A debate is brewing over the thousands of inmates who were allowed to return home due to the health risks of the COVID-19 pandemic. They could soon be sent back to prison to finish their sentences. Prison reform activists argue that the system should prioritize rehabilitation at home while others argue that the sentences given by the courts should be fulfilled to maintain a fair judicial system.
Underlying this debate is an unspoken discussion about the paradox of human nature. Humans are all at once created with intrinsic value and also capable of great evil. Properly understanding this paradox is key to organizing society.
The first half of the paradox begins in the garden of Eden. On the sixth day of creation, God created humans and determined that they were “very good.” Humans were valued by God above all the other created things because they were made in his image. Human dignity is foundational to a flourishing society. Without it, we have no way of valuing a human being above a cow or a tree.
Human dignity, however, is not the only core part of human nature. The second half of the paradox has to do with what humans did with their freedom in the garden. Humans chose to commit great evils. The tendency toward evil is apparent everywhere in the world. People are constantly willfully harming those around them for personal gain.
This is the paradox of human nature: humans are at the same time the culmination of creation and capable of the greatest evil. The paradox is evident in the world. When war or famine hits an area, there are some who sacrifice to help those who are in the greatest need and others who use the opportunity to cheat, steal from, and exploit others.
This idea would be familiar to the founders. “If men were angels, no government would be necessary,” wrote James Madison in Federalist Paper No. 52. The American founding was a counterpoint to utopianism that would insist on the perfectibility of man. Yet the Declaration of Independence also states, “We hold these truths to be self-evident, that all men are created equal, that they are endowed by their Creator with certain unalienable Rights, that among these are Life, Liberty and the pursuit of Happiness.” Our founding documents wisely created a system which presupposes human dignity yet also holds a realistic view of human action.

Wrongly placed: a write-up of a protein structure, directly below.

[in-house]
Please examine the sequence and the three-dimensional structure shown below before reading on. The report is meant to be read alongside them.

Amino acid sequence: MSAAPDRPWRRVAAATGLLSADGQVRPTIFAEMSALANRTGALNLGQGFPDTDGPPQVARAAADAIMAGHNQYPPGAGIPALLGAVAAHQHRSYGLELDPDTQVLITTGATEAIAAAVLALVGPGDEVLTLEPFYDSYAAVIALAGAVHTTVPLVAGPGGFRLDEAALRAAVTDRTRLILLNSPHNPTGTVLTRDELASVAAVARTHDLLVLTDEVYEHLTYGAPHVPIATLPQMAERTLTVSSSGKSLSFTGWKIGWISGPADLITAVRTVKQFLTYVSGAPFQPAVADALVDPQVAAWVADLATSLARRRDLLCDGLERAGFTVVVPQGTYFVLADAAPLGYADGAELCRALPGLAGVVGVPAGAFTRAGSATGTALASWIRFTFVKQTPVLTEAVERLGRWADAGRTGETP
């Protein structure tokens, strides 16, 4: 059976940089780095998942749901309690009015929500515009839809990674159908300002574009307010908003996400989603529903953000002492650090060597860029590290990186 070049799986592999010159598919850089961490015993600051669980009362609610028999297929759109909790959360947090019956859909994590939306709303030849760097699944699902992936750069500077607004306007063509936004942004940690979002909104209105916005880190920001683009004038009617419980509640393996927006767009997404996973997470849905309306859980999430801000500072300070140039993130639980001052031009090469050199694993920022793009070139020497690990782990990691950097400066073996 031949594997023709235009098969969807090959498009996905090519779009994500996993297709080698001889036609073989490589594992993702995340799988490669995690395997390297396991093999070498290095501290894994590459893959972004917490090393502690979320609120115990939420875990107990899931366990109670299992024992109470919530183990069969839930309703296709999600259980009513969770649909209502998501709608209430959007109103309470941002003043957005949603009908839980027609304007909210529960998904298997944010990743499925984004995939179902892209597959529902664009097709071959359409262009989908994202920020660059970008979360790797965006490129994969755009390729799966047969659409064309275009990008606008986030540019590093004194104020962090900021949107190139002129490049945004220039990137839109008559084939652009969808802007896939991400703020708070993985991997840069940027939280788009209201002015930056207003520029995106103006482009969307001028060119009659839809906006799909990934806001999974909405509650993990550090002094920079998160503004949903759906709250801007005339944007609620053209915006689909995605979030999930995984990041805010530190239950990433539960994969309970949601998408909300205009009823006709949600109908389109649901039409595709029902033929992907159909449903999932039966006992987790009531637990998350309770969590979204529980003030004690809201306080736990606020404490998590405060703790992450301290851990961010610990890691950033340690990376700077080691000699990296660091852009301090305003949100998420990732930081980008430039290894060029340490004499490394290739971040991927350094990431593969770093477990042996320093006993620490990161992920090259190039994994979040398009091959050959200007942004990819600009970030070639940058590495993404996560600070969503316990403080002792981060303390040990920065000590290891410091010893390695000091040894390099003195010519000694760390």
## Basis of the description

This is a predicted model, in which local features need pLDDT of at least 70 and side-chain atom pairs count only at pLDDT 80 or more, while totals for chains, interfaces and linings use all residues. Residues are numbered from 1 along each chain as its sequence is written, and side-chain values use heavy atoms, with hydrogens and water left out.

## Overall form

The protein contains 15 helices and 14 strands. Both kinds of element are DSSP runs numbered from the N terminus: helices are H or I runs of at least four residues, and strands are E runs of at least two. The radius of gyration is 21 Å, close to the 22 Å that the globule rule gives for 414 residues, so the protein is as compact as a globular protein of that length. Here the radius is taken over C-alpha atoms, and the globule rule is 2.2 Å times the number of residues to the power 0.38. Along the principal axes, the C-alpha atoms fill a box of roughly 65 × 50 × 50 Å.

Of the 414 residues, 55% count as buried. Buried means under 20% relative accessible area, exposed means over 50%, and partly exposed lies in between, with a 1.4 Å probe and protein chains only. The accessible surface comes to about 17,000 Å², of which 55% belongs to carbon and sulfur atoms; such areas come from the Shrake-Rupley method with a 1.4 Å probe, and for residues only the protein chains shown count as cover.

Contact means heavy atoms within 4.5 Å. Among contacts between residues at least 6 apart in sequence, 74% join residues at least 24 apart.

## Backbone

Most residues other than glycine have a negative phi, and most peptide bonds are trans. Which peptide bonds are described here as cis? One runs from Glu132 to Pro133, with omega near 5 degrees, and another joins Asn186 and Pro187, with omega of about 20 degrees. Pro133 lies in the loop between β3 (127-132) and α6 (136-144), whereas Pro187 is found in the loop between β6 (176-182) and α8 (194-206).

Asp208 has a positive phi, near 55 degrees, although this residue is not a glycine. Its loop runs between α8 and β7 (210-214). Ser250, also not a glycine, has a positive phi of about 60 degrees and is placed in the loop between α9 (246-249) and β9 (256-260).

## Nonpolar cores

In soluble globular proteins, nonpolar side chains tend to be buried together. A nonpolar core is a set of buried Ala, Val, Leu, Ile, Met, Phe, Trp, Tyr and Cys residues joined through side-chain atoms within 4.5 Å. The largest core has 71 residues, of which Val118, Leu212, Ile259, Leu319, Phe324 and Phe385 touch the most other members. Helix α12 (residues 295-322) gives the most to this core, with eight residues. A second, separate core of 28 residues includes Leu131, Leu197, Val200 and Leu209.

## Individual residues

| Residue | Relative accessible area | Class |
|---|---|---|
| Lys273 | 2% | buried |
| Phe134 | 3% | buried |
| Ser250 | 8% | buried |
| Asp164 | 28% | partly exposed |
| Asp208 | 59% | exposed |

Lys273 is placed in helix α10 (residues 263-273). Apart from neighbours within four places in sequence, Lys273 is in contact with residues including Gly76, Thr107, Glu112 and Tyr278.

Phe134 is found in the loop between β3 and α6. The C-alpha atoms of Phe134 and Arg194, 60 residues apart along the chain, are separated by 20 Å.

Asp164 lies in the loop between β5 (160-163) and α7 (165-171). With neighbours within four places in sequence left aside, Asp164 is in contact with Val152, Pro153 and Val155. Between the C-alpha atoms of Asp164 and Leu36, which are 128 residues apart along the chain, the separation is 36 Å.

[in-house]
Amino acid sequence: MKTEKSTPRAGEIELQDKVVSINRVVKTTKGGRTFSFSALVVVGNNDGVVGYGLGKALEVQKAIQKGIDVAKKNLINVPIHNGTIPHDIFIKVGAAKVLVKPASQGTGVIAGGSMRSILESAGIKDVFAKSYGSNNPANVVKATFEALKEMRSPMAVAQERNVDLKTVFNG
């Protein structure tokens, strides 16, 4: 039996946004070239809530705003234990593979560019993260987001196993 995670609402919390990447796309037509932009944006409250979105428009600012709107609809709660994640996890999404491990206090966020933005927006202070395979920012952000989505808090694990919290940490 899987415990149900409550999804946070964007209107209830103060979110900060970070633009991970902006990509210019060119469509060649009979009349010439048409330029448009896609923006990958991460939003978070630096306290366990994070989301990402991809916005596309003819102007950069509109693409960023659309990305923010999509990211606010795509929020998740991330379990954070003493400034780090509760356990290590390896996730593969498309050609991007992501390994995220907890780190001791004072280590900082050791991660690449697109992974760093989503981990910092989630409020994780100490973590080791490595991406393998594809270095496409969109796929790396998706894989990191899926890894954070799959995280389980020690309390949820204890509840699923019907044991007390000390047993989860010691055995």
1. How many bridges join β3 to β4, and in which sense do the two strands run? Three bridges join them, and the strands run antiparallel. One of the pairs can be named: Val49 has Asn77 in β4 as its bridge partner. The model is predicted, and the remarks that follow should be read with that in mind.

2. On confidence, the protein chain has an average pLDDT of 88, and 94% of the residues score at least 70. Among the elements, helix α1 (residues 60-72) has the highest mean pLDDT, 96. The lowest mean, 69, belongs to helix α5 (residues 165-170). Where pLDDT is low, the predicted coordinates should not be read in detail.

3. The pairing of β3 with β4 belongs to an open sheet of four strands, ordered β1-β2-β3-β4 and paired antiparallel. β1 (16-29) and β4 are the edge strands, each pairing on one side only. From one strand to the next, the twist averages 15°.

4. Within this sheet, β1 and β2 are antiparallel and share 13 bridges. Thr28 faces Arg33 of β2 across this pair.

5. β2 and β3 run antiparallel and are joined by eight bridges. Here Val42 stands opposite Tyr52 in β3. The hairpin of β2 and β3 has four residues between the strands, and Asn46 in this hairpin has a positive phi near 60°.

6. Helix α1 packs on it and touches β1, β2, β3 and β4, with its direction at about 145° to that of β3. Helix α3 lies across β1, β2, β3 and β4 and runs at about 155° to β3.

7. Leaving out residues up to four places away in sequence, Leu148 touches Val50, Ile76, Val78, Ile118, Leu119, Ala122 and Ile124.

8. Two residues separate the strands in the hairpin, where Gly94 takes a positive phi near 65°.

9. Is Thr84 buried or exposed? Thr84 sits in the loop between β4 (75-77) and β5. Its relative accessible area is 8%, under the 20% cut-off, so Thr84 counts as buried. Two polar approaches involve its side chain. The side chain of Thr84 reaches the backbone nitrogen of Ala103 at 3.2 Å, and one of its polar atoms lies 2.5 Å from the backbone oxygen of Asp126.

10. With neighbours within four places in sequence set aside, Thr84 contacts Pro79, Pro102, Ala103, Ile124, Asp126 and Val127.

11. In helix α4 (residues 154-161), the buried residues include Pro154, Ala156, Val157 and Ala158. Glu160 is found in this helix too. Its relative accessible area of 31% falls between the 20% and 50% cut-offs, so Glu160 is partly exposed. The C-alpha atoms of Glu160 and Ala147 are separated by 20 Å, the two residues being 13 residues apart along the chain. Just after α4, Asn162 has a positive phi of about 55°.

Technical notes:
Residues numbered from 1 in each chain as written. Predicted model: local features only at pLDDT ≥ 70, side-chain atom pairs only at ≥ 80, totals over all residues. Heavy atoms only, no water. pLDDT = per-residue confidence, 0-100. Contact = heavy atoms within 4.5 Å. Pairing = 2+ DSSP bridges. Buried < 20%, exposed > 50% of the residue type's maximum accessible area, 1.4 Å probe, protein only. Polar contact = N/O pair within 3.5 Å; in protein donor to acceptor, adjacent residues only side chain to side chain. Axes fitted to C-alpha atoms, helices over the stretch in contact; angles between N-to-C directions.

Unfortunately, in current policy debates we often tend toward one side or the other.
In the criminal justice system, some argue for deterrence while others for rehabilitation. In the welfare system, some argue for strict requirements for aid while others argue for a universal basic income. Human nature creates the need for a system to balance justice and mercy.
Shakespeare noted this paradox in the quality of mercy speech from the Merchant of Venice:
Though justice be thy plea, consider this,
That, in the course of justice, none of us
Should see salvation: we do pray for mercy;
And that same prayer doth teach us all to render
The deeds of mercy. I have spoke thus much
To mitigate the justice of thy plea;
Ignoring either the inherent goodness or the fallenness of man leads us to either utopia or authoritarianism. If man is endowed with human dignity and also perfect, there is no need for laws. If man is corrupted and is not inherently valuable, then even the harshest laws have no downside. This perspective also shuns simplistic answers that posit an overly simplistic solution to our current problems.
The story of human nature starts in a garden and ends in a glorious city. We are in neither that first perfect dwelling nor the final re-perfected one. In our current position, the paradox of human nature must be central to our political discussion.
We must have a realistic understanding of sin nature which is “mitigated” by a vibrant understanding of human dignity.